By Robert Barron, Staff Writer
Enid News and Eagle
ENID, Okla. —
The East Maine railroad underpass has been hit by trucks 10 times this year, costing the city of Enid nearly $10,000 in cleanup costs.
City commissioners discussed the underpass Tuesday during their study session, as they talked about what could be done about the situation.
Jacob Foos, city staff member, presented a slide showing some of the damage that’s happened to trucks whose drivers apparently ignored the posted 11-foot, 4-inch height.
What the city can do about the structure, though, remains to be seen. The underpass is owned by Union Pacific and is not on the Enid truck route.
Foos’ presentation showed the underpass painted with monster teeth on each side and a sign warning “Truck Eating Bridge.”
City Manager Eric Benson said that approach is taken occasionally in the United Kingdom and suggested it could be worth a try here. Because height signs commonly are ignored, Benson said the monster teeth may be a better, if whimsical, warning.
Also during the study session, commissioners heard a financial report from Finance Director Jerald Gilbert.
The city of Enid has spent a lot of money the past year building civic assets, Gilbert said, but remains in good shape financially.
Total city cash and investments as of Sept. 30 totaled $62,208,119, according to the report. A year ago, total cash and investments were $70,263,609.
Sales tax receipts as of the end of the first quarter were $8,197,562. A year ago the amount totaled $6,930,000. The city had budgeted $6,862,000 in sales tax receipts for the first quarter this year, but continued strong retail sales have pushed the city’s collections higher.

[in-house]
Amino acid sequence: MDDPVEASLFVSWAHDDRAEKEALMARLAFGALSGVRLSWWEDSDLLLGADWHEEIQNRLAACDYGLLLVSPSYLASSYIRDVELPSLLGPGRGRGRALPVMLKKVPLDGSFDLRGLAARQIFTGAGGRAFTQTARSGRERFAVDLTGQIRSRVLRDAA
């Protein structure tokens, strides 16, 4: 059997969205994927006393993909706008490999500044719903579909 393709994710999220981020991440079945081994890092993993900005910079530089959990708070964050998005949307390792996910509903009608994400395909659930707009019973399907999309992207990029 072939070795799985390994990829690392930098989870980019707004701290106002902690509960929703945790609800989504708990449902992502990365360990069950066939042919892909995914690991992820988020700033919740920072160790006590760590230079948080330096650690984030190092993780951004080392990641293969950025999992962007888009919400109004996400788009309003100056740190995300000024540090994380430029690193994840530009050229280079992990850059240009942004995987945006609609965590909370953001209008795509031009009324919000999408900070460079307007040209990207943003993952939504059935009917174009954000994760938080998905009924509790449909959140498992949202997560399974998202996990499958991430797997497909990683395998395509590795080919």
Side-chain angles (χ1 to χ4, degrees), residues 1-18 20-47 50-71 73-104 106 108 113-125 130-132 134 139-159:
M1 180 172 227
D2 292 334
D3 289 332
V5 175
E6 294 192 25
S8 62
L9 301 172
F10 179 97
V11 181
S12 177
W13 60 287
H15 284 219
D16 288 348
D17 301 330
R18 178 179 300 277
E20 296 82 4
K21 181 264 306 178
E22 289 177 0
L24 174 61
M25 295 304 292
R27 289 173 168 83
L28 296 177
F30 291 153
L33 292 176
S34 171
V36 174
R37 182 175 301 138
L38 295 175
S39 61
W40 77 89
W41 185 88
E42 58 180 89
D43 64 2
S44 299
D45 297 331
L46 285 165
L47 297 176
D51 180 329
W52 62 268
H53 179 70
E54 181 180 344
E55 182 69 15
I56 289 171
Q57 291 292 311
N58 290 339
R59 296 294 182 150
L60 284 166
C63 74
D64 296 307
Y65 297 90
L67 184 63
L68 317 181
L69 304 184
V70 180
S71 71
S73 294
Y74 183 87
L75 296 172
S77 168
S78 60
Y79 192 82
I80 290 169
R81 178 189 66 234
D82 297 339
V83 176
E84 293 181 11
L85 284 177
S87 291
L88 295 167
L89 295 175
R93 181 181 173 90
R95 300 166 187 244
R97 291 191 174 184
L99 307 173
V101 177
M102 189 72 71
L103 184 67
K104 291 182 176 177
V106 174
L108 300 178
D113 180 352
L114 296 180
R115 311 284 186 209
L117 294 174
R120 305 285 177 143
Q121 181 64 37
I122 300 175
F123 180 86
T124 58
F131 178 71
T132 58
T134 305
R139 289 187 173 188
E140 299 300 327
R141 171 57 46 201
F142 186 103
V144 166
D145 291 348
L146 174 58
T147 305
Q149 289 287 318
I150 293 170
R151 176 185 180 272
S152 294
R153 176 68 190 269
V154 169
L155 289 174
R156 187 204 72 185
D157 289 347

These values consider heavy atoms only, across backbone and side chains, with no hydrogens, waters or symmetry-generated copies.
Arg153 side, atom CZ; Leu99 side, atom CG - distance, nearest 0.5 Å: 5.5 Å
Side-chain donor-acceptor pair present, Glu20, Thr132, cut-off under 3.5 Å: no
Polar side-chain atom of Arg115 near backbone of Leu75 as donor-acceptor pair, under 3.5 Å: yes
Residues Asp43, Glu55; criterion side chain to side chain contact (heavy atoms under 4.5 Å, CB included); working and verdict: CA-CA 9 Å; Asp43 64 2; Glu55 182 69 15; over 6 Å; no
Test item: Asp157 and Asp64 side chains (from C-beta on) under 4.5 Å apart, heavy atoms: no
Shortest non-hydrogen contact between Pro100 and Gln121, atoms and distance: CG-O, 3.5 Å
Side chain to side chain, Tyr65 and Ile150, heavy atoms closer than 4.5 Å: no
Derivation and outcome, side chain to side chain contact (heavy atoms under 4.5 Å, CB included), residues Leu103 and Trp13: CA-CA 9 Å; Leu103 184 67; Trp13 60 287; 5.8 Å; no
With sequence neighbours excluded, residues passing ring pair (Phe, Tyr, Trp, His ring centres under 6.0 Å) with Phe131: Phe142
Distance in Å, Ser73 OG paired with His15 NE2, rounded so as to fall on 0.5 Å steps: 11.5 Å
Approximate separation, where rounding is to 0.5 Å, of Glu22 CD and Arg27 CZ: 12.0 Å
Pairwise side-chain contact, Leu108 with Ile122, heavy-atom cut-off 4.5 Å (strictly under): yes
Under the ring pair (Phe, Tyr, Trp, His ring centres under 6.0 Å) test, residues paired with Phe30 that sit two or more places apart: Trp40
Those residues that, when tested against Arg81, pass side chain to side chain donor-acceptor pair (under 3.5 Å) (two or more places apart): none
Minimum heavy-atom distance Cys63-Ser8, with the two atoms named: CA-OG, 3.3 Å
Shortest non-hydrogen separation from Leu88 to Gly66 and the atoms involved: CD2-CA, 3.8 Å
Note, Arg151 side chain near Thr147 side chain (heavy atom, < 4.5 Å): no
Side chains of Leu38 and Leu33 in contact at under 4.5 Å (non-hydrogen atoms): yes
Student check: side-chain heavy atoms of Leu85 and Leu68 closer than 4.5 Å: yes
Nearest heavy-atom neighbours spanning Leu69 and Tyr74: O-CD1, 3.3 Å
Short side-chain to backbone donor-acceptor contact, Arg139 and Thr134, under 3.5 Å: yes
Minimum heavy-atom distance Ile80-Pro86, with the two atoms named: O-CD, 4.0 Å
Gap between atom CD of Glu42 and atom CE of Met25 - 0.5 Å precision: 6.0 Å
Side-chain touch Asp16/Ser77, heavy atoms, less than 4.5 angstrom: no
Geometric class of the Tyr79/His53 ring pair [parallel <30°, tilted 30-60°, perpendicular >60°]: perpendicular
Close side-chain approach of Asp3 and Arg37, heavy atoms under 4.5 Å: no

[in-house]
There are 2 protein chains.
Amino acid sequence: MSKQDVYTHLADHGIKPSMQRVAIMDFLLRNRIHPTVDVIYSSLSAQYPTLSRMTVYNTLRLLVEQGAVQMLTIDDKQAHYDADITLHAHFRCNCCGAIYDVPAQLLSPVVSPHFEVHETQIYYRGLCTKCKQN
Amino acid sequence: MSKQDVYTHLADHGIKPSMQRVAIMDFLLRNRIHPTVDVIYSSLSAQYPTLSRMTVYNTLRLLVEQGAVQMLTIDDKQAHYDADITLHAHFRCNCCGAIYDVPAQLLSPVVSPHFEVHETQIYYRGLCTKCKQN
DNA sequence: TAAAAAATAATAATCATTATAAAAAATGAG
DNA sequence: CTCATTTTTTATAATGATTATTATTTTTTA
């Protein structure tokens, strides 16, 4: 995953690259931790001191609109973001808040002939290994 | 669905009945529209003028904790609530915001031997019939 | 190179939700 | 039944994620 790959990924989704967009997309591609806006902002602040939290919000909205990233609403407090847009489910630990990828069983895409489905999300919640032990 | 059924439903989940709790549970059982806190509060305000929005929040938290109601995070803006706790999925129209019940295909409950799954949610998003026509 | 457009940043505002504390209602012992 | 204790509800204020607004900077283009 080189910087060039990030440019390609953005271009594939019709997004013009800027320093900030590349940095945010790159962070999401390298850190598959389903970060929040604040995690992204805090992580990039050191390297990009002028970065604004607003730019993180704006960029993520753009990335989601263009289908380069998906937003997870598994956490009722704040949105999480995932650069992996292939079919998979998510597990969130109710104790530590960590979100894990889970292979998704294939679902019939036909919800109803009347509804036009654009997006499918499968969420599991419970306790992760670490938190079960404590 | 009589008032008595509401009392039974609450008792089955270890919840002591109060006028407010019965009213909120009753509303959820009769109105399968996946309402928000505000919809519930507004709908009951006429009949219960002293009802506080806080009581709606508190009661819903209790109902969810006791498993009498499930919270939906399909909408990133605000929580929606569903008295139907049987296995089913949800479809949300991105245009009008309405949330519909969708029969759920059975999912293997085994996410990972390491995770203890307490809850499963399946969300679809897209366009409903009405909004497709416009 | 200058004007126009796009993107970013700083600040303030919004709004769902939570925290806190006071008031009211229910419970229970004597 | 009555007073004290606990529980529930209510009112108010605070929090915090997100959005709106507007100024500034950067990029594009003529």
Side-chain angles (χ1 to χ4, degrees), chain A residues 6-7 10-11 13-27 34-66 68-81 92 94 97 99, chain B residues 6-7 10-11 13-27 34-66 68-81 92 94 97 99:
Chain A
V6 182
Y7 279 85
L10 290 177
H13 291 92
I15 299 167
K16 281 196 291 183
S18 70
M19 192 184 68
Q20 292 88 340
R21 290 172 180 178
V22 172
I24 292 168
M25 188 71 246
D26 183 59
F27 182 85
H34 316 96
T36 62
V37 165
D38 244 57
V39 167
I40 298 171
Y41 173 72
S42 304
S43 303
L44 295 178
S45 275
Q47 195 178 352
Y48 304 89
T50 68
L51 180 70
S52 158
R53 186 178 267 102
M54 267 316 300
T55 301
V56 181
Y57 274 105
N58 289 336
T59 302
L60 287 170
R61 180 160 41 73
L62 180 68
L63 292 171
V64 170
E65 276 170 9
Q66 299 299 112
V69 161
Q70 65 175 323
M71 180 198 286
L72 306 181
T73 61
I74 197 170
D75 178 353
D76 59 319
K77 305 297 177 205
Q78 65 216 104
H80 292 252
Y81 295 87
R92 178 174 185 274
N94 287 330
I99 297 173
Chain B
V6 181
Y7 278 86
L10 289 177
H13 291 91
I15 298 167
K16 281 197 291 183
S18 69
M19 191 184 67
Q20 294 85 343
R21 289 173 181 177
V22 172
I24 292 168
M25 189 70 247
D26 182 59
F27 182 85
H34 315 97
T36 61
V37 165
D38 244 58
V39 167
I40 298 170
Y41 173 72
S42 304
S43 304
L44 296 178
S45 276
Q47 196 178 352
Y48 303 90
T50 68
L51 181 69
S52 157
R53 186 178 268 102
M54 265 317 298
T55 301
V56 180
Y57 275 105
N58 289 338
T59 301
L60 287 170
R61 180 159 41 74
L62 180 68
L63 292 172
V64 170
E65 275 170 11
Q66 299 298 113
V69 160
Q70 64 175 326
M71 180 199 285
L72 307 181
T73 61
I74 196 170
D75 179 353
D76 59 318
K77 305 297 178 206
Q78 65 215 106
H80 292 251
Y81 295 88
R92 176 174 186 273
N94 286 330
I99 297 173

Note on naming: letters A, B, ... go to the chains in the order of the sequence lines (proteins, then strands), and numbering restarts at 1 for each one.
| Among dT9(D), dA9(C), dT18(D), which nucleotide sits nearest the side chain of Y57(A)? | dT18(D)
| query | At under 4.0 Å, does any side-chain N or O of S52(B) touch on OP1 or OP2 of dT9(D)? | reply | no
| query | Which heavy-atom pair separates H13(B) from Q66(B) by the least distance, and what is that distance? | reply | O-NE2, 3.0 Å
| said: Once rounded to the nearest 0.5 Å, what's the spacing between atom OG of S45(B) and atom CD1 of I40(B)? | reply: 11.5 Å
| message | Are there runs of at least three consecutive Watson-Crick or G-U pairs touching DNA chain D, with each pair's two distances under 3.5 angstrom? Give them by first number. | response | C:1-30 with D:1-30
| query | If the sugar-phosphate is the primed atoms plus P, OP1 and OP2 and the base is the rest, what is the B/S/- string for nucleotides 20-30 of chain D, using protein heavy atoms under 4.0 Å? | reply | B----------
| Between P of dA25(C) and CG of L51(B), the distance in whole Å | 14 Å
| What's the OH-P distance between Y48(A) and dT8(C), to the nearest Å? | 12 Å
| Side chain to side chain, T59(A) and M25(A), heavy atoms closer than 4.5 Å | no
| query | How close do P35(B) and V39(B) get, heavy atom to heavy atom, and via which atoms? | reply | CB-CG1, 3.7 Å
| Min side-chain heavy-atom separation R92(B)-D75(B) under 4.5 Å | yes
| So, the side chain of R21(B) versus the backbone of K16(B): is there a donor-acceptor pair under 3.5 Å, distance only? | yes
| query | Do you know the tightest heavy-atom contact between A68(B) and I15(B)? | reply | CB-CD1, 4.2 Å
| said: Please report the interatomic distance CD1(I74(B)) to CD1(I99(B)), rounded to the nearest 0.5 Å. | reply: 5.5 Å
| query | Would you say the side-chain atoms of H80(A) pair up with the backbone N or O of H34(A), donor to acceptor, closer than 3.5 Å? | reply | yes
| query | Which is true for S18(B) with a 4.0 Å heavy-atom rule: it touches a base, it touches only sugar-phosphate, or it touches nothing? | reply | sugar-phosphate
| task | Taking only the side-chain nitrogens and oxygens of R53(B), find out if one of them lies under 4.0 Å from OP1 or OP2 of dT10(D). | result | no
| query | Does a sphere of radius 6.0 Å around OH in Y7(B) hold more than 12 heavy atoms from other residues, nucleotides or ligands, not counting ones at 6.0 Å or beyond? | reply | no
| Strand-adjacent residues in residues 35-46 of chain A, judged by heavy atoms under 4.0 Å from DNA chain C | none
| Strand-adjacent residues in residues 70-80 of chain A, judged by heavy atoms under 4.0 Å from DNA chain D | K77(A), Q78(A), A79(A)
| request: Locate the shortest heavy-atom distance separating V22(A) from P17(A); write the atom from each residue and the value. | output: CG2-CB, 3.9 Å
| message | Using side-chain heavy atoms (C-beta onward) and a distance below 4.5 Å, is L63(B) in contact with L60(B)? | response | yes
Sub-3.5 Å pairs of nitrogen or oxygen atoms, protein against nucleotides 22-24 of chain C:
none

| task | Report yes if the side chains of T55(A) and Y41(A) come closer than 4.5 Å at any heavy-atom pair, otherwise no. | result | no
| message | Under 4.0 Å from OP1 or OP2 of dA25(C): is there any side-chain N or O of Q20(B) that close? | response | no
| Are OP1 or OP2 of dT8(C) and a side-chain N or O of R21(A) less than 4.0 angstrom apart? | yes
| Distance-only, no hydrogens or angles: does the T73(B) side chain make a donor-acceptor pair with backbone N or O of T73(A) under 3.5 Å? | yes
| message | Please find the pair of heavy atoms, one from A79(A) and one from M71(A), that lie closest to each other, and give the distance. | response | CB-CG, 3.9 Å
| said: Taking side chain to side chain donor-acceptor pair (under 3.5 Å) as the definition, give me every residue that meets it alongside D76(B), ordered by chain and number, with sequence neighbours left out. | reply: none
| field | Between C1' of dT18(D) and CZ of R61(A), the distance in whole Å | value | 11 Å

Revenue from city utilities totaled $167,748 for the first quarter, more than the city’s budgeted amount of $159,000. Last year at the same time, the city had received $146,000 from all utilities.
Enid Renaissance Project expenditures have been about $17.9 million spent on renovation of Convention Hall and construction of Enid Event Center. Costs have included $2.5 million for survey and design, $12.8 million for construction, $2.5 million for real estate acquisition, with more to come, and $48,500 other Renaissance-related costs.
The city has an approved $12 million line of credit with the Bank of Oklahoma for Enid Renaissance Project, which must drawn on by Dec. 31. City commissioners do not plan to draw the entire amount and discussed no more than $10 million to aid with Renaissance costs, if needed. The six-month interest rate is 2.12 percent and can be reset every six months, until it matures in December 2021.
During the regular meeting, commissioners removed from the table and approved a plan to construct a structure to protect the Meadowlake Park carousel. Commissioners approved the base bid of $377,000, plus alternates to add glass block windows to the carrousel house — adding $14,000 — and increasing the maintenance period from one year to three years at a cost of $2,000. Henson Construction was awarded the contract.
Commissioners also approved dissolution of the Martin Luther King Jr. Holiday Commission as a city committee. Benson said the city will continue to finance the holiday celebration and provide support for the committee, but city commissioners will no longer be required to attend committee meetings.
President Derwin Norwood told commissioners there have been problems with reaching a quorum because three terms have expired and those seats have not been filled.
Clayton Nolen, former city commissioner and founder of the King commission, said he was satisfied with the approach and appreciated the city support.
Commissioners proclaimed Tuesday as Kenneth Buchanan Day, in honor of the owner of the recently closed Tia Juana Restaurant.